The merchant’s guild of Stirling, known as the Stirling Guildry, was very active in supporting its membership, providing pensions for older members and assistance for the widows and orphans of merchants who had died. The Guildry was a wealthy institution and part of its charitable work involved helping to provide an education for the children of its members who could not necessarily afford school fees.
Before the Education (Scotland) Act of 1872, much of the schooling provided in Scotland was on a fee-paying basis and provided by the parish. This was at primary school level. There were also private schools run by individuals offering an education for children and it would appear that there were a number of these in the Stirling area.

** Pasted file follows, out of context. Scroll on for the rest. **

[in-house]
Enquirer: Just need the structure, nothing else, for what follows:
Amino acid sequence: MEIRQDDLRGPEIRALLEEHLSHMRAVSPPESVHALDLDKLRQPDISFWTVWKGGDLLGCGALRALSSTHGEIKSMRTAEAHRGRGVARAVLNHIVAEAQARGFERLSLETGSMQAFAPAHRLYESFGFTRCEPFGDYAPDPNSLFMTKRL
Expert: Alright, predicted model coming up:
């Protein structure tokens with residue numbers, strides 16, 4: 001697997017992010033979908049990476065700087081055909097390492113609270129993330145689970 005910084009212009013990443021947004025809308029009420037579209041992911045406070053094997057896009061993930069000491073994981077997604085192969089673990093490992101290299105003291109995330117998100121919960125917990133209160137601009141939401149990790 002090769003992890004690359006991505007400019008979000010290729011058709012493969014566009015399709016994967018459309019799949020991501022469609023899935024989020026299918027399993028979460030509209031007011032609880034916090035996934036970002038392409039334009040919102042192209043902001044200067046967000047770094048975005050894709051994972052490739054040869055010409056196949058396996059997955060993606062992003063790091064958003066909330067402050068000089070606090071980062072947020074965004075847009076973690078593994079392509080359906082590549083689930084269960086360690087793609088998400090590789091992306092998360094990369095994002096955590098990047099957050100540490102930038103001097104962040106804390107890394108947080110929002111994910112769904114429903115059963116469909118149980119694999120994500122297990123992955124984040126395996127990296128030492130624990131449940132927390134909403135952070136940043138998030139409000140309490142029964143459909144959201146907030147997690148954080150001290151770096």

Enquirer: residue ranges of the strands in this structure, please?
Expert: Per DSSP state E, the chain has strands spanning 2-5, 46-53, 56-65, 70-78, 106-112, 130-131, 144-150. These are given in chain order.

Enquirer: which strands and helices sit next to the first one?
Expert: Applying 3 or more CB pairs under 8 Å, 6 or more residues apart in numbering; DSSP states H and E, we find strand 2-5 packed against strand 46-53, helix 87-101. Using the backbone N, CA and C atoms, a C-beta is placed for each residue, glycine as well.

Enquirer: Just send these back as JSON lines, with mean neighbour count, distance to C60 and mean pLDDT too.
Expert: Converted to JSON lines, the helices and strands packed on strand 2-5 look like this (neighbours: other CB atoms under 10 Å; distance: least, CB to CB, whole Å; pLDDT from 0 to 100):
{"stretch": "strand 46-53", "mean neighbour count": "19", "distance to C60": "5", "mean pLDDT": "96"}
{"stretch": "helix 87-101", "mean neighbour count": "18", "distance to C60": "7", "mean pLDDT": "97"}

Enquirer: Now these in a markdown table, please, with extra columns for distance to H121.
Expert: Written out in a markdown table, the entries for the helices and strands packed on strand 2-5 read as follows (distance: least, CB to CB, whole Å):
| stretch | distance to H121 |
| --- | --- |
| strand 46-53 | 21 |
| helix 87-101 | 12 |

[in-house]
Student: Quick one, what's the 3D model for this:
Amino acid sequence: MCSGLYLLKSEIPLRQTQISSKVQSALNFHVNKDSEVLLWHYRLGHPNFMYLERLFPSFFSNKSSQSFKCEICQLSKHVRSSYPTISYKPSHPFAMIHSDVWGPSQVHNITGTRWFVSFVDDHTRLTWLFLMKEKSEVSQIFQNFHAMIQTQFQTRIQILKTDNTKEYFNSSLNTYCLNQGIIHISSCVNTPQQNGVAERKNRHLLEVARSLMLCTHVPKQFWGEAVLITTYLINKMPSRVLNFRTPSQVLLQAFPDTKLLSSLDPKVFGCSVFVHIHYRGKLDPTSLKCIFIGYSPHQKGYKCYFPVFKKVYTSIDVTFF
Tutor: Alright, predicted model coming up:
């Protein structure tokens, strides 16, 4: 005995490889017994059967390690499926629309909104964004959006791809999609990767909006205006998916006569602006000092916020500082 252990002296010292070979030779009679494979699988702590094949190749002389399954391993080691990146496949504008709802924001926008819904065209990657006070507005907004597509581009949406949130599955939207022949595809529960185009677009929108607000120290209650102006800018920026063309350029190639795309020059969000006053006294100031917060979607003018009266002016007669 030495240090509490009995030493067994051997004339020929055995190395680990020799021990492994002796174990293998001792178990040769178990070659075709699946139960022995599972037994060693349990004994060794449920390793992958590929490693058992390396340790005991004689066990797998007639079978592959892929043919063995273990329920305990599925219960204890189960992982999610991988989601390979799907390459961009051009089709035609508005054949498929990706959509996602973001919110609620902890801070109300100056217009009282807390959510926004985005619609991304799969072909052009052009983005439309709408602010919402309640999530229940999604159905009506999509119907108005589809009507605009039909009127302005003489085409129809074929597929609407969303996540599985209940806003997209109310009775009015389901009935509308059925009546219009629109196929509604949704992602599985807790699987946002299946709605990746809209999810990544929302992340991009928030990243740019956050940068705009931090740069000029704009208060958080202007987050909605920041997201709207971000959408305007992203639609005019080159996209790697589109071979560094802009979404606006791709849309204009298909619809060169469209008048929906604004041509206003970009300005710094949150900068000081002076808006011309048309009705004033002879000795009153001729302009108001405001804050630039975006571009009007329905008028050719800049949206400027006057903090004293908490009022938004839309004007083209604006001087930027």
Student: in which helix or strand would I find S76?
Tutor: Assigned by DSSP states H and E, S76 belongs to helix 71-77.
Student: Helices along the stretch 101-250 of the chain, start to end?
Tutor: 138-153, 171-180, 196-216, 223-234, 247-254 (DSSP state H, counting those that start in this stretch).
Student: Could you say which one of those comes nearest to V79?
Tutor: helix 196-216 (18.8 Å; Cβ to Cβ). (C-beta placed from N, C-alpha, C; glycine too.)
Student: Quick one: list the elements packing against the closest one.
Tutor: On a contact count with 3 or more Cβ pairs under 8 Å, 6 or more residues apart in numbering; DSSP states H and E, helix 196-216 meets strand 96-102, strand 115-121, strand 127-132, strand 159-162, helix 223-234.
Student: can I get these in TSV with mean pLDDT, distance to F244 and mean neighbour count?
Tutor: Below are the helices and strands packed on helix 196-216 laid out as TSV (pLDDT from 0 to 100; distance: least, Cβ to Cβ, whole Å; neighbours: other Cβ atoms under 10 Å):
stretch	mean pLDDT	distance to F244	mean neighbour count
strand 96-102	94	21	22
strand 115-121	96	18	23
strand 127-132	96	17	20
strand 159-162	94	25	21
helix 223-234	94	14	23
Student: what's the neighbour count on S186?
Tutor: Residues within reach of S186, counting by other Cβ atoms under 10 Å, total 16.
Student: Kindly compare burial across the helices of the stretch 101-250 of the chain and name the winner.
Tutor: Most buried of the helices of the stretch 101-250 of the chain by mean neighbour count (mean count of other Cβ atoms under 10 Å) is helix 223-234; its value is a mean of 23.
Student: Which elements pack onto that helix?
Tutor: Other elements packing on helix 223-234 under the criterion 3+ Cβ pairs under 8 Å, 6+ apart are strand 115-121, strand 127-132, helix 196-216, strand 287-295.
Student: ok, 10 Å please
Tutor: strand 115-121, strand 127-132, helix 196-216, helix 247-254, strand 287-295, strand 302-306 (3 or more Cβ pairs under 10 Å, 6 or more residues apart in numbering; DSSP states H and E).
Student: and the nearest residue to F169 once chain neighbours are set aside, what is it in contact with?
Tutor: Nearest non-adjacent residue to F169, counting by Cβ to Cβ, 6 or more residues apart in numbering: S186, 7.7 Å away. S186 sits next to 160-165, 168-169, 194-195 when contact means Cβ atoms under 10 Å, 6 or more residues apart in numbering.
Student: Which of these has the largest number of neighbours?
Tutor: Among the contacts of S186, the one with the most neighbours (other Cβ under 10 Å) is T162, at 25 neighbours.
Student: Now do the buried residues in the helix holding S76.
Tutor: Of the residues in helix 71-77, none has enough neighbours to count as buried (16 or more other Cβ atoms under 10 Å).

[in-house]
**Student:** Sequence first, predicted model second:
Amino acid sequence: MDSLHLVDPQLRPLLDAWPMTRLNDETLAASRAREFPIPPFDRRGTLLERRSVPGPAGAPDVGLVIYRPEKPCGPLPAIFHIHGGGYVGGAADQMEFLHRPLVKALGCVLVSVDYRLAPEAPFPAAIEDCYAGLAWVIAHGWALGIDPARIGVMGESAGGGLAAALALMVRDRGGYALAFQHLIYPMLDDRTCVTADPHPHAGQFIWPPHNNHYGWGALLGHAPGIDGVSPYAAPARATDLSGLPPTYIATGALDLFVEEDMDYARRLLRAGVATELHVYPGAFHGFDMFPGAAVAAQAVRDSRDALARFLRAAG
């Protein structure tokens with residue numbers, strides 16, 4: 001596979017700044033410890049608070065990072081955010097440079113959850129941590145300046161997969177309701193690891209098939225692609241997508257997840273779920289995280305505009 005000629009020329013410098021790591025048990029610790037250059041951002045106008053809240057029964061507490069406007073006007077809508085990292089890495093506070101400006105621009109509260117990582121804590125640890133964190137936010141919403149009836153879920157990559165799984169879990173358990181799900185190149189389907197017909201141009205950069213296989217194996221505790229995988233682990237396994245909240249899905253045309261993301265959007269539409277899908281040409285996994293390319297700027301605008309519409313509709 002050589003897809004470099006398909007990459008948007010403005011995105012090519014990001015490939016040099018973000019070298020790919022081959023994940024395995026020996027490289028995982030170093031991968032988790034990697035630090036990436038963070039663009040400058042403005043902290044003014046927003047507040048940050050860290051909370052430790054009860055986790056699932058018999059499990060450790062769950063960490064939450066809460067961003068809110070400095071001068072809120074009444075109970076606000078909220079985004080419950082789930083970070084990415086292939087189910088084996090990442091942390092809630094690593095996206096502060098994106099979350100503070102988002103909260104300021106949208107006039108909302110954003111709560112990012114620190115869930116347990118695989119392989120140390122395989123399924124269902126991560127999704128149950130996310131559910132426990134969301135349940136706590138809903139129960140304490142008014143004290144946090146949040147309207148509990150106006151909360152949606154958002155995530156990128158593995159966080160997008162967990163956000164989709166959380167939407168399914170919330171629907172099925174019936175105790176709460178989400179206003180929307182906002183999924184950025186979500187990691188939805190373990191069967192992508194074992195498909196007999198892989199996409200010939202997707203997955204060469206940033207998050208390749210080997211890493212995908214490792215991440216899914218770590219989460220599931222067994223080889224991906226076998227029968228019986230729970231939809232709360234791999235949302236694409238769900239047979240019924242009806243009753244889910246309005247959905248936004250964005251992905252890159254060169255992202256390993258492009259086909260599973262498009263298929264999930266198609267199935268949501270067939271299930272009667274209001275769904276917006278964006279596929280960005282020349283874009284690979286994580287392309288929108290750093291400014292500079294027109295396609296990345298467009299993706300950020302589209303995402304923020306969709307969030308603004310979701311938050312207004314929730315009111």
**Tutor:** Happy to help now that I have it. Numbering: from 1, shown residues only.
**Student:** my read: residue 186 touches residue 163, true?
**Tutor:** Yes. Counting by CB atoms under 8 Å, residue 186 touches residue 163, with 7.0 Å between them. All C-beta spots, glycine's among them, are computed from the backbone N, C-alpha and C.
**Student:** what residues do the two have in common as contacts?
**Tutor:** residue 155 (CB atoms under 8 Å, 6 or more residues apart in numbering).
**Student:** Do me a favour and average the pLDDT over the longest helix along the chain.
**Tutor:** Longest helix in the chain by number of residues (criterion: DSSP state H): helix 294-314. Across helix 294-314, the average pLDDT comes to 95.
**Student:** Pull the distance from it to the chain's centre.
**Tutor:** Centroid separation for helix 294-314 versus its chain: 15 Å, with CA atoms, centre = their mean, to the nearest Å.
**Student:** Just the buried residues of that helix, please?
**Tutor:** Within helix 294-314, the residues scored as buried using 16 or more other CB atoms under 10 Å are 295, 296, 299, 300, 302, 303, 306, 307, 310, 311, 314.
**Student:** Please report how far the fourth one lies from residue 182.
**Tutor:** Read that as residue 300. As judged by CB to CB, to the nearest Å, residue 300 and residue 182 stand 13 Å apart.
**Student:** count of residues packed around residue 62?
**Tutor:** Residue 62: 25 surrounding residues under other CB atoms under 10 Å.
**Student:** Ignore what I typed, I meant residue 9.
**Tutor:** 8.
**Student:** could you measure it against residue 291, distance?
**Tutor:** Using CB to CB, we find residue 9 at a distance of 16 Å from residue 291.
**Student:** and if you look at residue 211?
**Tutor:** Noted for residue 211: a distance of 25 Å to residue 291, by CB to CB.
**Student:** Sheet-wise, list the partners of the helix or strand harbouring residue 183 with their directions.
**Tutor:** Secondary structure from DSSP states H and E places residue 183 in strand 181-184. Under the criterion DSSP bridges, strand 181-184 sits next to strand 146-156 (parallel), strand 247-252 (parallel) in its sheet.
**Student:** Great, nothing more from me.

Interestingly, both girls and boys are given in the lists of scholars, indicating that Guildry members were educating their daughters at this time. The registers give a good idea of what schools were operating in Stirling in the early 19th century and in some cases, what was charged for lessons.
Although girls are given as learning writing and arithmetic, there were also sewing classes offered.
This register is a great source for information about education in Stirling before the establishment of state schools in the later 19th century.